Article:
(Article originally appeared in Forbes)
By Laura Hamill, Ph.D. Laura is Chief Science Officer and Chief People Officer at Limeade, an employee engagement company.
When you think of inclusion at work, what comes to mind first? An invitation to a co-worker’s birthday party? A weekly women’s group you attend during your lunch break? Your manager supporting your needs as a working parent? The answer is all of the above. Inclusion happens on a daily basis, from onboarding to an employee’s last day on the job. So how do you make sure the thousands of interactions that make up the employee experience are inclusive?
Inclusion can be measured by a sense of belonging, connection and community at work. It’s really about how you feel connected to your workplace and the people around you. An organization that has mastered inclusion is one where people feel encouraged to bring their “whole selves” to work. Between voicing diverse points of view and finding a sense of connection to others, this is what makes inclusion real.
The Power Of Inclusion
Research shows that inclusive workplaces are six times more likely to be innovative and twice as likely to meet or surpass financial goals. On top of that, employees who feel able to bring their whole selves to work are 42% less likely to plan on leaving for another position within a year. At the core, it’s true that the higher the level of inclusion, the higher the level of well-being and engagement in your employees, which can lead to better business results.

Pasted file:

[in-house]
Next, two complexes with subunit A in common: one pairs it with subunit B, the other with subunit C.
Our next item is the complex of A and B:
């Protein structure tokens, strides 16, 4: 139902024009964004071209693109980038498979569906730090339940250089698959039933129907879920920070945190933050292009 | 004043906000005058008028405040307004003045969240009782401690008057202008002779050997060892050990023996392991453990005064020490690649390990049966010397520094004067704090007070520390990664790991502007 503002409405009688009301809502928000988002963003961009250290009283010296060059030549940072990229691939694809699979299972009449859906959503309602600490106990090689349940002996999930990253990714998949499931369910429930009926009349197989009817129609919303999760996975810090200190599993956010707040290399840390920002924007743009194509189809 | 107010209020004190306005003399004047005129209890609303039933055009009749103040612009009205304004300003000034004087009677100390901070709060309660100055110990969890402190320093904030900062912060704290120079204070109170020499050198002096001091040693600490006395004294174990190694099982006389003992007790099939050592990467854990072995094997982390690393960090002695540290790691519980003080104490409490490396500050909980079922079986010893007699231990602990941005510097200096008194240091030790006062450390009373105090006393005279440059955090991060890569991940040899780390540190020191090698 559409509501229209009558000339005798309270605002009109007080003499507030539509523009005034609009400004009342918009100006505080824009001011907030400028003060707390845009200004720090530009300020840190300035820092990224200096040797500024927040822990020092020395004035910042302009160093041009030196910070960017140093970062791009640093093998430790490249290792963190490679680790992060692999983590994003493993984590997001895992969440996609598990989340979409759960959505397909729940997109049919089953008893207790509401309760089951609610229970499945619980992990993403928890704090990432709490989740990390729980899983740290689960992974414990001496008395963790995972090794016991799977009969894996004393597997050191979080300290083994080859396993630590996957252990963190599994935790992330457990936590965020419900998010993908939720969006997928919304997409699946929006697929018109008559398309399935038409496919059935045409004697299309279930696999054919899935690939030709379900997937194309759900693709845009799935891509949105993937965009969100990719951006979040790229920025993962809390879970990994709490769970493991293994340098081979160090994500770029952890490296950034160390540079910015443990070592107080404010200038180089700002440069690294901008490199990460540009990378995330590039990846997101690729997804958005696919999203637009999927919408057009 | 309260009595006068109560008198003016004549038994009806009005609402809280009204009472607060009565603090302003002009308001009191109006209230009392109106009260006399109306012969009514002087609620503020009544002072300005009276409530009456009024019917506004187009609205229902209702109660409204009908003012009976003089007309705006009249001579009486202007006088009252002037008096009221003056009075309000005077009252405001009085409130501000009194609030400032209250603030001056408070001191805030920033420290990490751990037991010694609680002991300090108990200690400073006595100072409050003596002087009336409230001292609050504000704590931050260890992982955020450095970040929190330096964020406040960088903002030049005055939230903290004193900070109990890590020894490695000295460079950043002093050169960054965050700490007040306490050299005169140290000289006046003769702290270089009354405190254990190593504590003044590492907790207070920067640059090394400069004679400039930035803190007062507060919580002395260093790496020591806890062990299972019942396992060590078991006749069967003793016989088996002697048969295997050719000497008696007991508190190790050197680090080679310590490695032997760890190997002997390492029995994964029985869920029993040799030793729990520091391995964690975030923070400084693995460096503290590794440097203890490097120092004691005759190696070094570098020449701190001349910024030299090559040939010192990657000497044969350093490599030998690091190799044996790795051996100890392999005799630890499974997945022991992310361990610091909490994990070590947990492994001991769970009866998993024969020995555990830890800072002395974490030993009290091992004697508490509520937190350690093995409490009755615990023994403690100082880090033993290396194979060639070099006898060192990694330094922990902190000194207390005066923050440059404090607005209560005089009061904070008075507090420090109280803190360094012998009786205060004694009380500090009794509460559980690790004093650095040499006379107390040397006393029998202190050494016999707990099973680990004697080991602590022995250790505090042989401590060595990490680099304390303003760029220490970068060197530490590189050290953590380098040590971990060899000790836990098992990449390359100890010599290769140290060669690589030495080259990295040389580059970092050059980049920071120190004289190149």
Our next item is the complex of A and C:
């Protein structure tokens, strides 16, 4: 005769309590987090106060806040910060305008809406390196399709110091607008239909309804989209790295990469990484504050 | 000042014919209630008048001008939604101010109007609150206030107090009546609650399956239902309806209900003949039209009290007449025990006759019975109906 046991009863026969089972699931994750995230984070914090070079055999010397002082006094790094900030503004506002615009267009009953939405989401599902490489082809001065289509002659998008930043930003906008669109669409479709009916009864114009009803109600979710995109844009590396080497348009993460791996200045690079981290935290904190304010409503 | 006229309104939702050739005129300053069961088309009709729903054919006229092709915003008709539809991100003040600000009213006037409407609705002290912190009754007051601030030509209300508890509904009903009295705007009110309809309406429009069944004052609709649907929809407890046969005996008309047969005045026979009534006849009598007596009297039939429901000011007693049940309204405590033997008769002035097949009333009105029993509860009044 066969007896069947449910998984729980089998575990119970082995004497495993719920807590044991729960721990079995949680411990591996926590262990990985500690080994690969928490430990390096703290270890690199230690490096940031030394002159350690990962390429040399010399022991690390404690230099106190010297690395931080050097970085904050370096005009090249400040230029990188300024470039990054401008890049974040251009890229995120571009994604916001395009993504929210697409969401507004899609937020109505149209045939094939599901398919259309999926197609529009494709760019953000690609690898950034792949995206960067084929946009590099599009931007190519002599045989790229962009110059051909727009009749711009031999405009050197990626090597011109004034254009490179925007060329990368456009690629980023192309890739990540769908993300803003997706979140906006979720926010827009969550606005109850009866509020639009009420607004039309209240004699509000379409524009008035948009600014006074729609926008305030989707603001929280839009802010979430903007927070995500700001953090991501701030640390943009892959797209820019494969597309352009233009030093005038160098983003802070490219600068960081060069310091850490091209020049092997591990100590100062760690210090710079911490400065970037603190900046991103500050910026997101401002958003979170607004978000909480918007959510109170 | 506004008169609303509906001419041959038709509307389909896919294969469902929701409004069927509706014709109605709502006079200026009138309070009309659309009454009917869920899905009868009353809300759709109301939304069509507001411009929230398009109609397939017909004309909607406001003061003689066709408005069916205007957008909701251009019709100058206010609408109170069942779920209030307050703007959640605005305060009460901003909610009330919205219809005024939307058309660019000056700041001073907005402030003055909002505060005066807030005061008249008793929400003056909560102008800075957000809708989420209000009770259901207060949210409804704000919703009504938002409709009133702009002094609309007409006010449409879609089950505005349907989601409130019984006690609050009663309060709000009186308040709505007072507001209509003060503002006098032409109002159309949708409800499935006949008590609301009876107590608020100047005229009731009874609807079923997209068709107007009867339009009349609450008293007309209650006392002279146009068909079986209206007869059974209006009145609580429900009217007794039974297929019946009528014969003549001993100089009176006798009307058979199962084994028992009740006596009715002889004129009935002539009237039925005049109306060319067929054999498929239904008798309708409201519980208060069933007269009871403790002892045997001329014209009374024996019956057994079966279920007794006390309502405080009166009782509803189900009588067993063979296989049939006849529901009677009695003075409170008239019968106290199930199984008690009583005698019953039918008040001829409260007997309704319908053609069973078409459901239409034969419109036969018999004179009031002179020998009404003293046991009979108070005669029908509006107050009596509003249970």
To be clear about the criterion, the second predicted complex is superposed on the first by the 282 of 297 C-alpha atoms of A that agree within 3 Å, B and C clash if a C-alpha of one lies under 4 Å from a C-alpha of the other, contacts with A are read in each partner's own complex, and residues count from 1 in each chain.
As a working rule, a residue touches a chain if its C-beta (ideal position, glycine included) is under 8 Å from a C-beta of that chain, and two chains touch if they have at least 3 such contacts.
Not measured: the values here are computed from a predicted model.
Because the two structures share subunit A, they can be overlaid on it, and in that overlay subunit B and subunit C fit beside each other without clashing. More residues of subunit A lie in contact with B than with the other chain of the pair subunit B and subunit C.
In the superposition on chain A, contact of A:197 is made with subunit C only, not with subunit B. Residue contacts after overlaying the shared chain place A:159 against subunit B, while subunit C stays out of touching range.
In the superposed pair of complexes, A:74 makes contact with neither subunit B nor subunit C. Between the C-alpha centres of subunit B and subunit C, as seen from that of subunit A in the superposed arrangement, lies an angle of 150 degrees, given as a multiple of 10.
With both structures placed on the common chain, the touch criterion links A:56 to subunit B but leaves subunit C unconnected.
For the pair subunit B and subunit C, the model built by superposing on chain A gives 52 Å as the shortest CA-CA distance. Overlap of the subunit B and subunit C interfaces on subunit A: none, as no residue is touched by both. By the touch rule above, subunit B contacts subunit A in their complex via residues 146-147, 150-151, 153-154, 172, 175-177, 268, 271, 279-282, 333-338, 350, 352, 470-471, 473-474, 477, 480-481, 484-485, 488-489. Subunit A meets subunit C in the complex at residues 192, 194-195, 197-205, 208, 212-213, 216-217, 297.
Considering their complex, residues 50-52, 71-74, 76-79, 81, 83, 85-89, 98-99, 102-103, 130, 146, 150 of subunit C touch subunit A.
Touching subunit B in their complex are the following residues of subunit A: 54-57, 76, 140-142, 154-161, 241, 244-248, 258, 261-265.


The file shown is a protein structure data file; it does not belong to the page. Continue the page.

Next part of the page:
The Impact Of Inclusion On Employee Well-Being And Engagement
Can you imagine feeling good and living with purpose if you didn’t feel valued by your employer? Or if you didn’t feel like you could be yourself at work? Or if your manager belittled you? These questions are real — and they come up more often in the workplace than you might think. Inclusion, well-being and engagement are all related. And you need all three to truly cultivate an inclusive workplace.
Based on a study of more than 2,000 U.S. workers, we at Limeade found that individuals with higher well-being and engagement have higher inclusion. In fact, employees who feel included at work were more engaged and more likely to recommend their company as a great place to work. And while leader and manager behavior is important to perceptions of inclusion at work, interactions between peers is paramount.
An inclusive workplace is cooperative, collaborative, open, fair, curious, accountable and so much more. Take a look at these seven components of inclusion, plus tips for helping to create an inclusive workplace:
1. Access to resources: Give employees the support necessary to be inclusive. Whether it’s employee resource groups or technology, natural and valuable solutions are easy starting points to influence individual behaviors.
Tip: For more inclusive meetings, encourage employees to send agendas and materials in advance so everyone feels prepared. Protect time by setting up technology properly, and be sure to actively involve all members.
2. Having a voice: Employees need to feel they have a say in decisions that impact their work. And leaders and managers should proactively find ways to give employees a voice.